Chemical Sciences: A Manual for CSIR-UGC National Eligibility Test for Lectureship and JRF/Molecular beacon

Structure of molecular beacons in their native conformations (top) or hybridized with a DNA strand (bottom)

Molecular beacons are oligonucleotide hybridization probes that can report the presence of specific nucleic acids in homogenous solutions. The terms more often used is molecular beacon probes. Molecular beacons are hairpin shaped molecules with an internally quenched fluorophore whose fluorescence is restored when they bind to a target nucleic acid sequence. This is a novel nonradioactive method for detecting specific sequences of nucleic acids. They are useful in situations where it is either not possible or desirable to isolate the probe-target hybrids from an excess of the hybridization probes.

Molecular Beacon ProbesEdit

A typical molecular beacon probe is 25 nucleotides long. The middle 15 nucleotides are complementary to the target DNA and do not base pair with one another, and the five nucleotides at each end are complementary to each other and not to the target DNA. A typical molecular Beacon Structure can be divided in 4 parts :

  • Loop: This is the 18-30 base pair region of the molecular beacon which is complementary to the target sequence.
  • Stem: The beacon stem sequence lies on both the ends of the loop. It is typically 5-7 bp long at the sequences at both the ends are complementary to each other.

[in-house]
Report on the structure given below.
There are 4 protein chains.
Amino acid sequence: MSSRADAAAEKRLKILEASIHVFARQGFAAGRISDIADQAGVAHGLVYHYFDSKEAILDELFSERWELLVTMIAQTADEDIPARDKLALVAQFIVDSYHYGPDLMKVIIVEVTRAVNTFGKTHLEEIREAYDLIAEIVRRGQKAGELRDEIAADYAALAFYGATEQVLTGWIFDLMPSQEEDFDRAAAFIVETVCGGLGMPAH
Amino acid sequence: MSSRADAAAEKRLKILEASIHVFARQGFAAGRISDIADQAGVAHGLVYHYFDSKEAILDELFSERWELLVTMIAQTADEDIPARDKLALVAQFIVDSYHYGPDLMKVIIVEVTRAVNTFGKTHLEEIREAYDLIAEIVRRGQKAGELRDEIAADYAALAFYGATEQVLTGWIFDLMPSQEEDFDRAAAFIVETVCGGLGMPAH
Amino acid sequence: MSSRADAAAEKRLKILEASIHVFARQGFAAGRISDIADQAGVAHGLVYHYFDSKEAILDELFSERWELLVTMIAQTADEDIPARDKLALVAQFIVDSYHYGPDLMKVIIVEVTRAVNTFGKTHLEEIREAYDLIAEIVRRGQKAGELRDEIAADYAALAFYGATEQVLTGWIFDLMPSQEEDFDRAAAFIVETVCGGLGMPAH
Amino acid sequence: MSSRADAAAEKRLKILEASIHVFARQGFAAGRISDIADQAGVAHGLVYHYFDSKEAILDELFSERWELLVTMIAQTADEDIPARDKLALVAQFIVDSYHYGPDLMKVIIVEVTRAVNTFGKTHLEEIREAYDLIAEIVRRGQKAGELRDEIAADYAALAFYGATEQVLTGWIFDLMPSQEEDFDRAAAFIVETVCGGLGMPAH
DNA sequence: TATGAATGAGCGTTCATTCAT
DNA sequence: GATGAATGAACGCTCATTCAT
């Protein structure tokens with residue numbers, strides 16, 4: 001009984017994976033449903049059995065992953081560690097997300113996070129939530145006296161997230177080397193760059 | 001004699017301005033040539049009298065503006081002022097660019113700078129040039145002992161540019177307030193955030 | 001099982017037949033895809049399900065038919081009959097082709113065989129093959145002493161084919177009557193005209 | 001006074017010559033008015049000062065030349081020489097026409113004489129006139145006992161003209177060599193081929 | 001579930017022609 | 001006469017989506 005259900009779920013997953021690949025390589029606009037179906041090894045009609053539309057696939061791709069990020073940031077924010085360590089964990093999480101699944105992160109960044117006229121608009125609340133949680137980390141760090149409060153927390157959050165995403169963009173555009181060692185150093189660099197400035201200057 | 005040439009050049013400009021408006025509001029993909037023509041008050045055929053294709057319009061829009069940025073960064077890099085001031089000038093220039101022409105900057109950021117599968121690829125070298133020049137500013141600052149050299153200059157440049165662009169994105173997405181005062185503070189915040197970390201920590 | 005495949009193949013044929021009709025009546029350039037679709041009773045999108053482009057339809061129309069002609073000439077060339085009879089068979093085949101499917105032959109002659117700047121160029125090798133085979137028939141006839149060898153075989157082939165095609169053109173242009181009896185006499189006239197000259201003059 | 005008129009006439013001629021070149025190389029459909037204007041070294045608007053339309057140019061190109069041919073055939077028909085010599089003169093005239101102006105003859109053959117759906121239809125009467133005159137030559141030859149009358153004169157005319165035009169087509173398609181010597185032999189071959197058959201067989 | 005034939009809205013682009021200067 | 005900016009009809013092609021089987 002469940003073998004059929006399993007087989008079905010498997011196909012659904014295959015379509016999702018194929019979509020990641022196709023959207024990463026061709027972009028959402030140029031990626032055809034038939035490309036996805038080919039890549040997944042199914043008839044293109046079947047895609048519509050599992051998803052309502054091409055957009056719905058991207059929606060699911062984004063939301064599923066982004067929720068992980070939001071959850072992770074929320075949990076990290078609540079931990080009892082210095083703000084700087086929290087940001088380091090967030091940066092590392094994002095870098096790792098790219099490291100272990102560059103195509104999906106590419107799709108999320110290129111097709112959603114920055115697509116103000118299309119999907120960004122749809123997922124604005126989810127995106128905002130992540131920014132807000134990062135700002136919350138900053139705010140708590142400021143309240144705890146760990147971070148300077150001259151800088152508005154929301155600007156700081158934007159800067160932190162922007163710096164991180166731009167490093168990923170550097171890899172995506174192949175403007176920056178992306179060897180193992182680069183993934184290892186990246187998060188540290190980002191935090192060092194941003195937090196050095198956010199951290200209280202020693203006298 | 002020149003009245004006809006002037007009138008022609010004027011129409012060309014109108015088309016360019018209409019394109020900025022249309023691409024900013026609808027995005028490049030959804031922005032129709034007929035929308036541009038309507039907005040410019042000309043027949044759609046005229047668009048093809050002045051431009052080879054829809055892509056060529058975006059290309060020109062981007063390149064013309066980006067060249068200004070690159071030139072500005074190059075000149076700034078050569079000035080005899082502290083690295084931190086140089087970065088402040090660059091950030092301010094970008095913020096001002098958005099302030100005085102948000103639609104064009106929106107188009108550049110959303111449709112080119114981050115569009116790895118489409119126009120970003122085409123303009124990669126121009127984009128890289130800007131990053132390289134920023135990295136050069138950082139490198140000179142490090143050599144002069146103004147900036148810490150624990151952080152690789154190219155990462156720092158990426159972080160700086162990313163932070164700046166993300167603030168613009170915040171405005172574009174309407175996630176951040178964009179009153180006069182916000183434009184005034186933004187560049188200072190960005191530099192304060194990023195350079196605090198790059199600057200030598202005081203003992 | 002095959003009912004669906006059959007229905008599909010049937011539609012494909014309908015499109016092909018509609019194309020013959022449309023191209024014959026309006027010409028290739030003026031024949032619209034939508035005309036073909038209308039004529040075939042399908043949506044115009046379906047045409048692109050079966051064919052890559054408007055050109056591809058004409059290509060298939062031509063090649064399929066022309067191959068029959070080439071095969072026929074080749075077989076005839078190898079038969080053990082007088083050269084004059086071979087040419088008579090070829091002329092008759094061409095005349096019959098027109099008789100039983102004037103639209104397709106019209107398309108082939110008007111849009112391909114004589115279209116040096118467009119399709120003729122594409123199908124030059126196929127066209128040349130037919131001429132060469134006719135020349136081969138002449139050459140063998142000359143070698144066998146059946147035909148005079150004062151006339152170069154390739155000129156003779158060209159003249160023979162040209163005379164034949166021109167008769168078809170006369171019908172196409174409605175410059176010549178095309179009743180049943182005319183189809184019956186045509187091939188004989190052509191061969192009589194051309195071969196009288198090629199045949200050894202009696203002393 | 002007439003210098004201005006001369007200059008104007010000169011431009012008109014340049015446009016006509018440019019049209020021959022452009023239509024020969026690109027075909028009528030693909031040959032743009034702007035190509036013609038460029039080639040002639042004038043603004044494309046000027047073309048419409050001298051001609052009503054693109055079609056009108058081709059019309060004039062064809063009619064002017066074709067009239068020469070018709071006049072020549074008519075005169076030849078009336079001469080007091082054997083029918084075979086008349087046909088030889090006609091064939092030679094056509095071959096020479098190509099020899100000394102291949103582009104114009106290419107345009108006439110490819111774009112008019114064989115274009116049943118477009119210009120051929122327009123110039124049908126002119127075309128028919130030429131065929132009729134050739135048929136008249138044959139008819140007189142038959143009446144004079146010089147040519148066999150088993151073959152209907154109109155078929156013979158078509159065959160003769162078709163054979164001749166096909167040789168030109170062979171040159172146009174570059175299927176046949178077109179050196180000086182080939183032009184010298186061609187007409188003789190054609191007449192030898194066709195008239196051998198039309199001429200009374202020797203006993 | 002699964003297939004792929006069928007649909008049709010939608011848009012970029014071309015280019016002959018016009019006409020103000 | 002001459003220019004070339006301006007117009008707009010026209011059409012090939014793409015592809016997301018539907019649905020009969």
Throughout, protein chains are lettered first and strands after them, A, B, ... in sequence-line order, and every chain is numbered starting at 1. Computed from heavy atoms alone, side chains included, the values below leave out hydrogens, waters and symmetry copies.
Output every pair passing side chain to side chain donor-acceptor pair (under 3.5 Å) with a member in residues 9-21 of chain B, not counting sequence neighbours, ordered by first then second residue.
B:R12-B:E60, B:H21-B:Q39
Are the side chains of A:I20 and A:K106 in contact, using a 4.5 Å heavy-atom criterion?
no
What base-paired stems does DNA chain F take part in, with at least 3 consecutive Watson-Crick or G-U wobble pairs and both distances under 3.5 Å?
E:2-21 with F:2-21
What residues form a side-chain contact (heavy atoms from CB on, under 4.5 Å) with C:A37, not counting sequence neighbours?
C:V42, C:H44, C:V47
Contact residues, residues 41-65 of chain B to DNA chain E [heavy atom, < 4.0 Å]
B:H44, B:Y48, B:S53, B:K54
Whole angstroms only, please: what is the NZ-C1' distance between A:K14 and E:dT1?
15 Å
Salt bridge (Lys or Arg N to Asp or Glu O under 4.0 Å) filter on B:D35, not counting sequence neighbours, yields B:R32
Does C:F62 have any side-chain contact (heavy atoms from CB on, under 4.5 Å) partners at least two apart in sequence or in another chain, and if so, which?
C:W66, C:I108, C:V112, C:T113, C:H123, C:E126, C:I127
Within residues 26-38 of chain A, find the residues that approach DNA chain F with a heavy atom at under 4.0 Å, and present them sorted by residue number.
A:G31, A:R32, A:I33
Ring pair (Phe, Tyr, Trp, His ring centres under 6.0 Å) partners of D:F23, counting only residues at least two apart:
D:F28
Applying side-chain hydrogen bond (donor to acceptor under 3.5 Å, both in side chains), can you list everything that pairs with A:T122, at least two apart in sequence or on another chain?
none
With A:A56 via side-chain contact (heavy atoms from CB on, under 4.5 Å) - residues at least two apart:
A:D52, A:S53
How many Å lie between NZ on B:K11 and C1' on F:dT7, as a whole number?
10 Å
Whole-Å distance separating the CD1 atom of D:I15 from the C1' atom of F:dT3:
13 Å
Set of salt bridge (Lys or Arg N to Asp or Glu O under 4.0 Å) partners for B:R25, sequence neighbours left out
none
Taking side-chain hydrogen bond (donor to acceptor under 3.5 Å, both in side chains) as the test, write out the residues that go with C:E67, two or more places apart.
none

• 5' fluorophore: Towards the 3' end of the molecular beacon, is attached a dye that fluoresces in presence of a complementary target.
  • 3' quencher (non fluorescent): The quencher dye is covalently attached to the 3' end of the molecular beacon and when the beacon is in closed loop shape, prevents the fluorophore from emitting light.
    If the mRNA detected is complementary to the strand in the loop, then the mRNA goes into the loop causing the separation of the fluorophore and the quencher; therefore resulting in fluorescence.

SoftwareEdit

Beacon Designer - Software to design or evaluate standard molecular beacons or molecular beacons for NASBA® assays.

ReferencesEdit

  1. Jon Palma's
  2. Gene Link
  3. Molecular Beacon
  4. Introduction to Molecular Beacons
Last modified on 22 June 2010, at 13:50